Wednesday, June 29, 2011

These were real people.

I've gotten to the part of my Bible reading where you start getting into all those little short New Testament books, like Titus and Philemon.  There are many little chapters and verses which have some standalone recognition in that part of the Bible.  (There are probably a few thousand women's Bible studies on Titus 2, alone.)  But there was a few simple little verse at the end of II Timothy, in chapter 4, that caught my attention:

13The cloke that I left at Troas with Carpus, when thou comest, bring with thee, and the books, but especially the parchments.

The beautiful simplicity of this verse struck me for the first time with the fact that Paul was a real man, who lived and walked on the earth, and this is the actual words he wrote to his fellow believers.  In between all the beautiful poetry and doctrine of the scriptures, is a guy asking his friends to bring some of his stuff with them when they come to see him.  (And as a fellow lover of the written word, I can greatly relate to his urging, "especially the parchments".)

This would be like if, a thousand years from now, Christians studying our church in this age were reading the e-mails our LifeGroup sends out to each other.  "Please pray for X's job interview, and will the Y family still be able to provide dinner next week?"

Being able to relate to it in that way just makes the whole story more real for me, somehow.  I can imagine Paul in a foreign land or, (once again) imprisoned, wishing he had his cloak to protect against the cold and wanting his books and parchment so he could read and continue his ministry.  It just makes Paul someone I can understand a little better.  Though I have, fortunately, never been in jail (yet), I've been stuck in a hospital bed more times than I care to count, and the first thing I've always asked my husband for is books.  I rank mental entertainment right up there with food and shelter on the list of human needs, and the image of Paul asking his friends for books gives him more flesh and bone than anything else I could read about him.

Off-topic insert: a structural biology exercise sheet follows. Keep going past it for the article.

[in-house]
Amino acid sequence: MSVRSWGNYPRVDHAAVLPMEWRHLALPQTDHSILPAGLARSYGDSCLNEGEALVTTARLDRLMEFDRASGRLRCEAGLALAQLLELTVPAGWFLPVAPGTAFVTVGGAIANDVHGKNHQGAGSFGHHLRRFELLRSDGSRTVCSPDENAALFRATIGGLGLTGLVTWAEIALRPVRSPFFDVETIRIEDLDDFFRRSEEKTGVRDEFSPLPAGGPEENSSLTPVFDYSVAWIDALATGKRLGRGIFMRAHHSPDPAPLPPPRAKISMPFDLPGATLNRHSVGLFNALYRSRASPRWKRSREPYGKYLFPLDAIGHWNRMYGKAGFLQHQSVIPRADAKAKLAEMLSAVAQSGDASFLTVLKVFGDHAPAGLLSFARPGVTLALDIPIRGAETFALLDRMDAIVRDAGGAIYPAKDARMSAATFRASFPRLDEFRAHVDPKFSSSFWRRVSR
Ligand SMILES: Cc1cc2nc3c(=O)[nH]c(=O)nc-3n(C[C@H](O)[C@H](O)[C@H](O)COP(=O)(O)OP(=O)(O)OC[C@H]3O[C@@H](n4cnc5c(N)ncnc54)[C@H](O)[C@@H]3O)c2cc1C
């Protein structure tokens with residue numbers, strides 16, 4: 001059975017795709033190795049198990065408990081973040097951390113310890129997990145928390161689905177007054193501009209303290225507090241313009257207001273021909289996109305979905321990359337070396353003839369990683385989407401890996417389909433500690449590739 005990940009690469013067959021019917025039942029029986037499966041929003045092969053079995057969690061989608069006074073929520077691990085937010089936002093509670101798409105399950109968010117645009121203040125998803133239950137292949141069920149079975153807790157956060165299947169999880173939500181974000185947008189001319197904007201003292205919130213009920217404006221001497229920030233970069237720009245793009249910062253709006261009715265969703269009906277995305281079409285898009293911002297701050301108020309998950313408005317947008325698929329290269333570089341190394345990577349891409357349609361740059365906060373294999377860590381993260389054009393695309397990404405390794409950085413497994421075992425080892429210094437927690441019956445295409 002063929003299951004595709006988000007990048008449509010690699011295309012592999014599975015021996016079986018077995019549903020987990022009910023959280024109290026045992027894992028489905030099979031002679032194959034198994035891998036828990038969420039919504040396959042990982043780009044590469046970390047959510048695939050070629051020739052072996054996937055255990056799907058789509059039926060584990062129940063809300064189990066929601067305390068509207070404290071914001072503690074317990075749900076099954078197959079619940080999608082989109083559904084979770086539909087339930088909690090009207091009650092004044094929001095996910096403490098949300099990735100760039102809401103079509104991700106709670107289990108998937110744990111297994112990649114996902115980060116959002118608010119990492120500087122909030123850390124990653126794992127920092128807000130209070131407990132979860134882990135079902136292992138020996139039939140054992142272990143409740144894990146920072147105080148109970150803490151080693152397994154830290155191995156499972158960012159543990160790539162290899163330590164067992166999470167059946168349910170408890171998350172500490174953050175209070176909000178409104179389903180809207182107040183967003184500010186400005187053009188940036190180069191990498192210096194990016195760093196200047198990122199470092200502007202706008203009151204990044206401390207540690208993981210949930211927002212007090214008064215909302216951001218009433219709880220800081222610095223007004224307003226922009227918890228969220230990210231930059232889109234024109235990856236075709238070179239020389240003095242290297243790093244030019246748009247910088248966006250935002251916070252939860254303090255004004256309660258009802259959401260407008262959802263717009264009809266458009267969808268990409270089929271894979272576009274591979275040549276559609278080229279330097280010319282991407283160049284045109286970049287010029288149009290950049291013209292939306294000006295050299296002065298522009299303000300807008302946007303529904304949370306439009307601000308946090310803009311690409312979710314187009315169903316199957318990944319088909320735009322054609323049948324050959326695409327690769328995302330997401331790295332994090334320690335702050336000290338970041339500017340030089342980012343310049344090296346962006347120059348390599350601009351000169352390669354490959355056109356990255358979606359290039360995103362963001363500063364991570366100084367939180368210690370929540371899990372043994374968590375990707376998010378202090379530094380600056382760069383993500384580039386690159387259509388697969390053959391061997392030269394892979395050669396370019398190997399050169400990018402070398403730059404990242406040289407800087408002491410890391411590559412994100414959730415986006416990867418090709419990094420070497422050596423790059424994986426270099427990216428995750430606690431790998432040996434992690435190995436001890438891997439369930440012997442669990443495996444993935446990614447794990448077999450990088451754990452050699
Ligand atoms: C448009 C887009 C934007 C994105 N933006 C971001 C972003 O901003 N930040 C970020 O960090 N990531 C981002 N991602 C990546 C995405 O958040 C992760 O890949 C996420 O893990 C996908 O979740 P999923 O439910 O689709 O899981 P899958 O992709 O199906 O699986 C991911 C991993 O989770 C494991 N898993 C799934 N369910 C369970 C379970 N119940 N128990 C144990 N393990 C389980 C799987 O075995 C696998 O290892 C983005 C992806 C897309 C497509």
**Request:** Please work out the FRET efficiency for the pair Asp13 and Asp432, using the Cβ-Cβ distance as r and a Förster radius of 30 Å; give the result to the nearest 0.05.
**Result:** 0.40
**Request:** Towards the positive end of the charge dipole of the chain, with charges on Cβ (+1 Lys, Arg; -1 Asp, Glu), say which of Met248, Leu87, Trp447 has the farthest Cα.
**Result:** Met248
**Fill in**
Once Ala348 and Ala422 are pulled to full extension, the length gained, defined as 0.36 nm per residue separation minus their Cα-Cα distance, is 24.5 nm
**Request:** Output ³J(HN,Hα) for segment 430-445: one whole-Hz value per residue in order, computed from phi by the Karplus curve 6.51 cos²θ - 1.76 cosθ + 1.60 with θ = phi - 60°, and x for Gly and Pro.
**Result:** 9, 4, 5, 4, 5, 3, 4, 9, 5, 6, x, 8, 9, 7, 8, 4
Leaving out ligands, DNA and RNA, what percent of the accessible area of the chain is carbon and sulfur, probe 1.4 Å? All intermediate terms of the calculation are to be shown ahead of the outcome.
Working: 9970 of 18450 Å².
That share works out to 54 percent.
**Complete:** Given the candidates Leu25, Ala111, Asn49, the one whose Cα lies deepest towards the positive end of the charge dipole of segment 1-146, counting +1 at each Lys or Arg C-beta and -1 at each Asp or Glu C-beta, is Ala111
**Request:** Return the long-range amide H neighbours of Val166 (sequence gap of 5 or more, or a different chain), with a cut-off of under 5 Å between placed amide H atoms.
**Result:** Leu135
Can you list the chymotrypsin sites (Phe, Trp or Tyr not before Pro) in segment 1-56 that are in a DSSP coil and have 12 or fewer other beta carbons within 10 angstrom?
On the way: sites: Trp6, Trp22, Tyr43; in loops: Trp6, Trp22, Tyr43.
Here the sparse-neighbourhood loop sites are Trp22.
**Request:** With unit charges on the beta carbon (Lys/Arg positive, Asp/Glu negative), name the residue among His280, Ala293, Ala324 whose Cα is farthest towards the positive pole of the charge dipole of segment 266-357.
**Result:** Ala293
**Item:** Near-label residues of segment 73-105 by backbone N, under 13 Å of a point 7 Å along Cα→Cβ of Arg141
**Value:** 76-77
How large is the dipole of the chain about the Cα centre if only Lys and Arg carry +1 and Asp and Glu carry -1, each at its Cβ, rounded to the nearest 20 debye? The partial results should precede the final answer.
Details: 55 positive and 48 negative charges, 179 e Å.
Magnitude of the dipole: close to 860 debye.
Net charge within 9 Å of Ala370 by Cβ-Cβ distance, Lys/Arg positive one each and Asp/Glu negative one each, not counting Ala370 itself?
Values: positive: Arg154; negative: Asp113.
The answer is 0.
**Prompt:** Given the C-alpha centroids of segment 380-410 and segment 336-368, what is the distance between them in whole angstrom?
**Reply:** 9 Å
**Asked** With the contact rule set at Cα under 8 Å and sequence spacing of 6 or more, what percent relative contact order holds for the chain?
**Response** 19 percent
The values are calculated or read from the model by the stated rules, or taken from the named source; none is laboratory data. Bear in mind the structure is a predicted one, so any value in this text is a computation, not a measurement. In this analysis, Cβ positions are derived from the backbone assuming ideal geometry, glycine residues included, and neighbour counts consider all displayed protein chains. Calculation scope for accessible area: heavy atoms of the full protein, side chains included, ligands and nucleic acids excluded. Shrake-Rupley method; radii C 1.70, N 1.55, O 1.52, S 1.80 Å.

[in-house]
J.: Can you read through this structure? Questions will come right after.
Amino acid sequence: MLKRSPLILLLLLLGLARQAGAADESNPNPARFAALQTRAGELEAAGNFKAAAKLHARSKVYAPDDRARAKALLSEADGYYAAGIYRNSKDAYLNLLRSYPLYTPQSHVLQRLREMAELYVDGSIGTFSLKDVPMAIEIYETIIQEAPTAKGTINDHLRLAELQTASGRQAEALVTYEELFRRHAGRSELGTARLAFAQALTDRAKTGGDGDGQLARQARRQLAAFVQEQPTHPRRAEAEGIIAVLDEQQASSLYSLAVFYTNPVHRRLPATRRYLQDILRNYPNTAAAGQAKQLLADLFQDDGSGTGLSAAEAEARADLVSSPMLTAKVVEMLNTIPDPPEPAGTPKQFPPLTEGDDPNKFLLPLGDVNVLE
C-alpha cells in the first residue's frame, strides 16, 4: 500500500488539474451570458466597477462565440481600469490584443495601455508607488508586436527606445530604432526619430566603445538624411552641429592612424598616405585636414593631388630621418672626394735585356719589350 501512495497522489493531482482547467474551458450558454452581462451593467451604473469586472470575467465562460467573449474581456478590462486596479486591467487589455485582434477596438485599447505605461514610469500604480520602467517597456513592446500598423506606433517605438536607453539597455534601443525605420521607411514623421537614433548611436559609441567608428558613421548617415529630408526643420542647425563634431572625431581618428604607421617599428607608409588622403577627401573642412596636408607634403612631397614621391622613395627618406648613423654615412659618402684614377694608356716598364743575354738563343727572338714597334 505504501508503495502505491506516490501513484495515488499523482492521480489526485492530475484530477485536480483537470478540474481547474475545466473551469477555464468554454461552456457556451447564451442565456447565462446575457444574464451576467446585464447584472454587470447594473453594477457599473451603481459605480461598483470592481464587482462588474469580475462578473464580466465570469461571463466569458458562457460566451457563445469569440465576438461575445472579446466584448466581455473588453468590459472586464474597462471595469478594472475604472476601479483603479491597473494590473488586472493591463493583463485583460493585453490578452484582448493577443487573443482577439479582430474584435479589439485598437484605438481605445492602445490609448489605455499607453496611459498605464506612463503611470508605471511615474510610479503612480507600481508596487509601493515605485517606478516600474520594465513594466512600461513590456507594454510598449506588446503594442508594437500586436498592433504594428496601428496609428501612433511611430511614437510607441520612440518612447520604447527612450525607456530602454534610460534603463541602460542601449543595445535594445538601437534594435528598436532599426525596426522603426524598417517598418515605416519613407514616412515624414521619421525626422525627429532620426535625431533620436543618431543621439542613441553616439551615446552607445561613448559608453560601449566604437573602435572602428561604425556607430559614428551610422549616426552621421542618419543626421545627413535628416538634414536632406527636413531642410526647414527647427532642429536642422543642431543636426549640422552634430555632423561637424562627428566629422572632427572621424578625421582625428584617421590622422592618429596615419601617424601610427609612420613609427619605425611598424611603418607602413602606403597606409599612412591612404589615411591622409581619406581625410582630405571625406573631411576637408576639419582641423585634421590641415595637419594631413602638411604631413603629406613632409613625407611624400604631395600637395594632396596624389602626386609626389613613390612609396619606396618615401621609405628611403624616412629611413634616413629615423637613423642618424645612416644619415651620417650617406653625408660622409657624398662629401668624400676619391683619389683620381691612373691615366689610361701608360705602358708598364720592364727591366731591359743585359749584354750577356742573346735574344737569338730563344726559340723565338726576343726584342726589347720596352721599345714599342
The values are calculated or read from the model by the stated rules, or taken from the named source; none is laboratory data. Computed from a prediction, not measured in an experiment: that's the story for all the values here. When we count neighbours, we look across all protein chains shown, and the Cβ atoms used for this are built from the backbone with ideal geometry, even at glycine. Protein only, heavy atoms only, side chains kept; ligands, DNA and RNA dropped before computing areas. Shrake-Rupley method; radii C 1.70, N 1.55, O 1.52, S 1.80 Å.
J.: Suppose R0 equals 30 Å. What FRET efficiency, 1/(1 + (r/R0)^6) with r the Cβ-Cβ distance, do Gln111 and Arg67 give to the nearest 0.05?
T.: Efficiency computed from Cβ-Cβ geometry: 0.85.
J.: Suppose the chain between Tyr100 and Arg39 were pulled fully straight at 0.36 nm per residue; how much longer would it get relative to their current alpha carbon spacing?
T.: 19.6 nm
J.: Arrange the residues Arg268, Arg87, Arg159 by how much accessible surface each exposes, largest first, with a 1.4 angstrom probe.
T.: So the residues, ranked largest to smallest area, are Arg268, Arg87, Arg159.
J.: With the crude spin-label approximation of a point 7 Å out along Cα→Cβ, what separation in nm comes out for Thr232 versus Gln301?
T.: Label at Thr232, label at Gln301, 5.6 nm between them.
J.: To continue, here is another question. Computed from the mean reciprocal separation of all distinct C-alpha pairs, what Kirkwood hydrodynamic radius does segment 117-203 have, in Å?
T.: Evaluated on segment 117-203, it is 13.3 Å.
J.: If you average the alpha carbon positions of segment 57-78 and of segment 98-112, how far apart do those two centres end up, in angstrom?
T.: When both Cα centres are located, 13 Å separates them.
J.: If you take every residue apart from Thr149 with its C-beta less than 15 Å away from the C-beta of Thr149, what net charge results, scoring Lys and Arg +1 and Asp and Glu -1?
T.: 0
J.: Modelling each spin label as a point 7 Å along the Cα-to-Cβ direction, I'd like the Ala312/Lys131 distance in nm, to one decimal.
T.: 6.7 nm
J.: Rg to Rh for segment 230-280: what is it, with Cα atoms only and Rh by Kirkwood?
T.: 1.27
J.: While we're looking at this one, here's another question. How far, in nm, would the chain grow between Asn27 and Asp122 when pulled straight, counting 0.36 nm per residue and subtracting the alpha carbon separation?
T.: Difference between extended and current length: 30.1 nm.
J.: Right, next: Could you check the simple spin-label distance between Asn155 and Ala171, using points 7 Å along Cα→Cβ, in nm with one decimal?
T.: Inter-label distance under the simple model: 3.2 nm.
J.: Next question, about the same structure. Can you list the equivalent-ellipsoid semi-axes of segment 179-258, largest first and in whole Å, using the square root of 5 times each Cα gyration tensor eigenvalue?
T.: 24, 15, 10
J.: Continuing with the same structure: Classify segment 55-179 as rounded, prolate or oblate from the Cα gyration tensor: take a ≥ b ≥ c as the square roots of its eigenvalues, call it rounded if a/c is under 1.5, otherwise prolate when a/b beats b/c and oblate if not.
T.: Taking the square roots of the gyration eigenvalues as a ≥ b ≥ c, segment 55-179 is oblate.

Obviously, I'm not discounting the utmost significance of all the letters of encouragement, instruction, and teachings he wrote.  But when I read those before, no matter how much they might move me, they were still impersonal.  I was reading "the Bible" not "Paul's letters".

But it really gives my faith new life to remember that the early Christians weren't angels, but just people, too.

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